In two weeks, New York will get a new governor: Kathy Hochul, a daughter of western New York who has risen through public life on the strength of her geniality and work ethic, and amid the fallout of male politicians resigning in disgrace.
Gov. Andrew Cuomo announced Tuesday that he would step down., following a state attorney general’s report that found he had sexually harassed at least 11 women, many of them state employees.
He will formally leave office in 14 days, at which point his long-serving lieutenant governor, Hochul, 62, will take his place. Should she run in next year’s election for a full term, as expected, she will have the benefit of being the incumbent candidate.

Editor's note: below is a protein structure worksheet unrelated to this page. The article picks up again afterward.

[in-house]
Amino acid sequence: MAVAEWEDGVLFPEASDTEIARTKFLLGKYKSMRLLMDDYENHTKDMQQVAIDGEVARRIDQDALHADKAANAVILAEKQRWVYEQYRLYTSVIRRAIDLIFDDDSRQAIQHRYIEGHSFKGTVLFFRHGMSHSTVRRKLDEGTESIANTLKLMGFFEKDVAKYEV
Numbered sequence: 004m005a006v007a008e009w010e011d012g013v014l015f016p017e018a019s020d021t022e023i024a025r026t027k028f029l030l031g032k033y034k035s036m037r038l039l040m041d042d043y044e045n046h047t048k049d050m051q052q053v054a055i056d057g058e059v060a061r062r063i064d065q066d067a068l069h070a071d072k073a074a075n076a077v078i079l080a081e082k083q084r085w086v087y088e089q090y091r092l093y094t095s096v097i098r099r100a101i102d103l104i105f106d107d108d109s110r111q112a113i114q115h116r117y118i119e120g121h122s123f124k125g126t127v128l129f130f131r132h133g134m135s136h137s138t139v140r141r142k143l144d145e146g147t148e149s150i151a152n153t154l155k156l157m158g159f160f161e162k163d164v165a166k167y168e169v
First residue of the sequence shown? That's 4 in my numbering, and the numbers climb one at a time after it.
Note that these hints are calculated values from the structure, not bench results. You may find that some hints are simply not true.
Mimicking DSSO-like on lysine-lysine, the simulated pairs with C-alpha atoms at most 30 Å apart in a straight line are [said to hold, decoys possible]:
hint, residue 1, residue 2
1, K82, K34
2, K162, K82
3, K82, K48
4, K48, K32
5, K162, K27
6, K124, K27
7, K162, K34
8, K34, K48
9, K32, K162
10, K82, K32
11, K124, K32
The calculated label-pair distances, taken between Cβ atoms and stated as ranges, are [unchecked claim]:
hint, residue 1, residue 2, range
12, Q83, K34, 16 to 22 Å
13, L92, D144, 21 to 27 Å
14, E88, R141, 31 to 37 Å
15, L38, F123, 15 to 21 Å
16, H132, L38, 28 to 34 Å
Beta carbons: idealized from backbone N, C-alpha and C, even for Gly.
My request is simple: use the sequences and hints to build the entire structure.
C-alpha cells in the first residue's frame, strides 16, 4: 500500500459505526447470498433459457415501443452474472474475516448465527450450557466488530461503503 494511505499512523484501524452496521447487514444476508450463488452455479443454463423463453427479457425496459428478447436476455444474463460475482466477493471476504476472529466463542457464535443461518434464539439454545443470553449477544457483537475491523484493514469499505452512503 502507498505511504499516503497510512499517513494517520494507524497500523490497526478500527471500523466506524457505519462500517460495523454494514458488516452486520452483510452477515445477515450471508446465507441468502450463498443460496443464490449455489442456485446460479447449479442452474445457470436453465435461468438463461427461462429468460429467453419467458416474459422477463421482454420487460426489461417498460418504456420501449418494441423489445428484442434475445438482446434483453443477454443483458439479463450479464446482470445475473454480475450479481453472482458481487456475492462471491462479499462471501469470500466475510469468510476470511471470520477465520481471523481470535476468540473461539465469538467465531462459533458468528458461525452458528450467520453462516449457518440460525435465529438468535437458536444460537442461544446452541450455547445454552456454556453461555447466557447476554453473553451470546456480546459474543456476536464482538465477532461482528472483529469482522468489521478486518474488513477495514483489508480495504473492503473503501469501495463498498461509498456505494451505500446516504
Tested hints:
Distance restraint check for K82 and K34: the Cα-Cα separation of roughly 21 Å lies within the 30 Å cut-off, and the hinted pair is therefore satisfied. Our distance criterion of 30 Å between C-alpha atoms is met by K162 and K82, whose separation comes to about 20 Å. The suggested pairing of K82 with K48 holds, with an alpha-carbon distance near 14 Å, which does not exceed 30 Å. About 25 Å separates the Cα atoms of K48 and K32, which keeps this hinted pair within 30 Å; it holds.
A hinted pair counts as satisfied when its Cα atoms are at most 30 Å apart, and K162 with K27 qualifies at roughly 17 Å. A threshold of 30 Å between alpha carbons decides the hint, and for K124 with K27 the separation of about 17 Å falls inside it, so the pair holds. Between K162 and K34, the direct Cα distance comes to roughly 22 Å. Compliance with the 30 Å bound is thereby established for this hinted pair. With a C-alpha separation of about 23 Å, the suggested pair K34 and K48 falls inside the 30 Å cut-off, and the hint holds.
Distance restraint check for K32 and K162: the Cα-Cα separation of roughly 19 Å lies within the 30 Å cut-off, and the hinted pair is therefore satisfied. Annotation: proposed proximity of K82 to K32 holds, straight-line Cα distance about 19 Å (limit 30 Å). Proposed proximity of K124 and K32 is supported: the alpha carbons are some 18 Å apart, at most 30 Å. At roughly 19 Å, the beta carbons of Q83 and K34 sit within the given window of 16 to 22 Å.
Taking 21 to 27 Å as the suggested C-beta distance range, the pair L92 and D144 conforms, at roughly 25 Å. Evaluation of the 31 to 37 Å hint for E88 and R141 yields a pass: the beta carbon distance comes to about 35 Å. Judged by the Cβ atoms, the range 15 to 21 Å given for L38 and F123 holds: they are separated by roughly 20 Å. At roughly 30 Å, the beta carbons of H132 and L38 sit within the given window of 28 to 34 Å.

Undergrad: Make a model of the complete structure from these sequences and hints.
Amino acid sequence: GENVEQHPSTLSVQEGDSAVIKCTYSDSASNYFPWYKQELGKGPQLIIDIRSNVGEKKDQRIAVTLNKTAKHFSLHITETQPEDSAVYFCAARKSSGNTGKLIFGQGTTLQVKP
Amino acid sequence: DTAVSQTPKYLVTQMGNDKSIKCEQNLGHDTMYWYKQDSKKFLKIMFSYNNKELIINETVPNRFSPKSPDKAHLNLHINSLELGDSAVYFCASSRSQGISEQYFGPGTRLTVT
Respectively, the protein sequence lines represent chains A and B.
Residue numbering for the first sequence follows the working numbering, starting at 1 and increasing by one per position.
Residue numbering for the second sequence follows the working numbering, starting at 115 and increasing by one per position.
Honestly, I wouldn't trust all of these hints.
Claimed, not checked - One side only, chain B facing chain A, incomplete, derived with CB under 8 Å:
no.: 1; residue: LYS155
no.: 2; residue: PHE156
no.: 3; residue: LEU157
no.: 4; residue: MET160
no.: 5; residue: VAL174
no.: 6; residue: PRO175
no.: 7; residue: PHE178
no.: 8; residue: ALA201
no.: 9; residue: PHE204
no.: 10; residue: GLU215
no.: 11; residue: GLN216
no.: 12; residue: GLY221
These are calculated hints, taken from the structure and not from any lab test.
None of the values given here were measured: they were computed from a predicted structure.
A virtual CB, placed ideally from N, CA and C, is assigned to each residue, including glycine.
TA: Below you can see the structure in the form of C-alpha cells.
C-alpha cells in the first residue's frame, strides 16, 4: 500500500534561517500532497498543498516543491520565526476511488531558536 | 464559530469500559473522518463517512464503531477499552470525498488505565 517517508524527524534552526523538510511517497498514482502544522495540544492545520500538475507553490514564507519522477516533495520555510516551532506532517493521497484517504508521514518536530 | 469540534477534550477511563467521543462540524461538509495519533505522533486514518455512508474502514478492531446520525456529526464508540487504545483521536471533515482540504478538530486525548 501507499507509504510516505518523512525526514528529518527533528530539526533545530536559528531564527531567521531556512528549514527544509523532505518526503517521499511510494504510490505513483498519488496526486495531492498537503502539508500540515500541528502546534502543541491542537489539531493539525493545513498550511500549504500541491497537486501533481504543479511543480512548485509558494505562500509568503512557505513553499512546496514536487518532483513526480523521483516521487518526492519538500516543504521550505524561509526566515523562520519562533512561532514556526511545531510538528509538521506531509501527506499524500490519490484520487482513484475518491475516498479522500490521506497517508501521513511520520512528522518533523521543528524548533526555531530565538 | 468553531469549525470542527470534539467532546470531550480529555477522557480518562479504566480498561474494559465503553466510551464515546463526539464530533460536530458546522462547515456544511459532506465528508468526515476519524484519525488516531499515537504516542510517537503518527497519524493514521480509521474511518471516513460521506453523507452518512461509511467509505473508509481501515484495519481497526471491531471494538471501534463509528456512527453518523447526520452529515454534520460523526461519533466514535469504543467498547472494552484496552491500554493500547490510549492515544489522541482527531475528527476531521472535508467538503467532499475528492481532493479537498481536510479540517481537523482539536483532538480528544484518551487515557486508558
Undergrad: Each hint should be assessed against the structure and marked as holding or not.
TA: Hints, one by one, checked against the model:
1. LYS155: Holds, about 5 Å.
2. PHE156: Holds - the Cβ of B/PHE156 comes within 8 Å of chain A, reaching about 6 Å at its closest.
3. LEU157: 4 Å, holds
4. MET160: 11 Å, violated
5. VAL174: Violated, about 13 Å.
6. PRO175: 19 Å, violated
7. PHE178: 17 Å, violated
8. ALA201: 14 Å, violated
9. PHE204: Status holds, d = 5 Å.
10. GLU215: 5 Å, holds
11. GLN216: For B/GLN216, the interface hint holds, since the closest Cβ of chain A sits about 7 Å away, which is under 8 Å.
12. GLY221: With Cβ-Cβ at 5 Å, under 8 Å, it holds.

When she is sworn in, she will make history as the first woman to serve as New York’s governor. That her ascension came by way of a man’s downfall is a testament to the state’s long history of male political dominance, and its equally long history of male misbehavior, something that has become a growing political liability amid shifting social mores around power and gender dynamics.
It is only recently that women have begun to assume the highest offices in the state, and as often as not, they have done so after the men who came before them resigned in disgrace.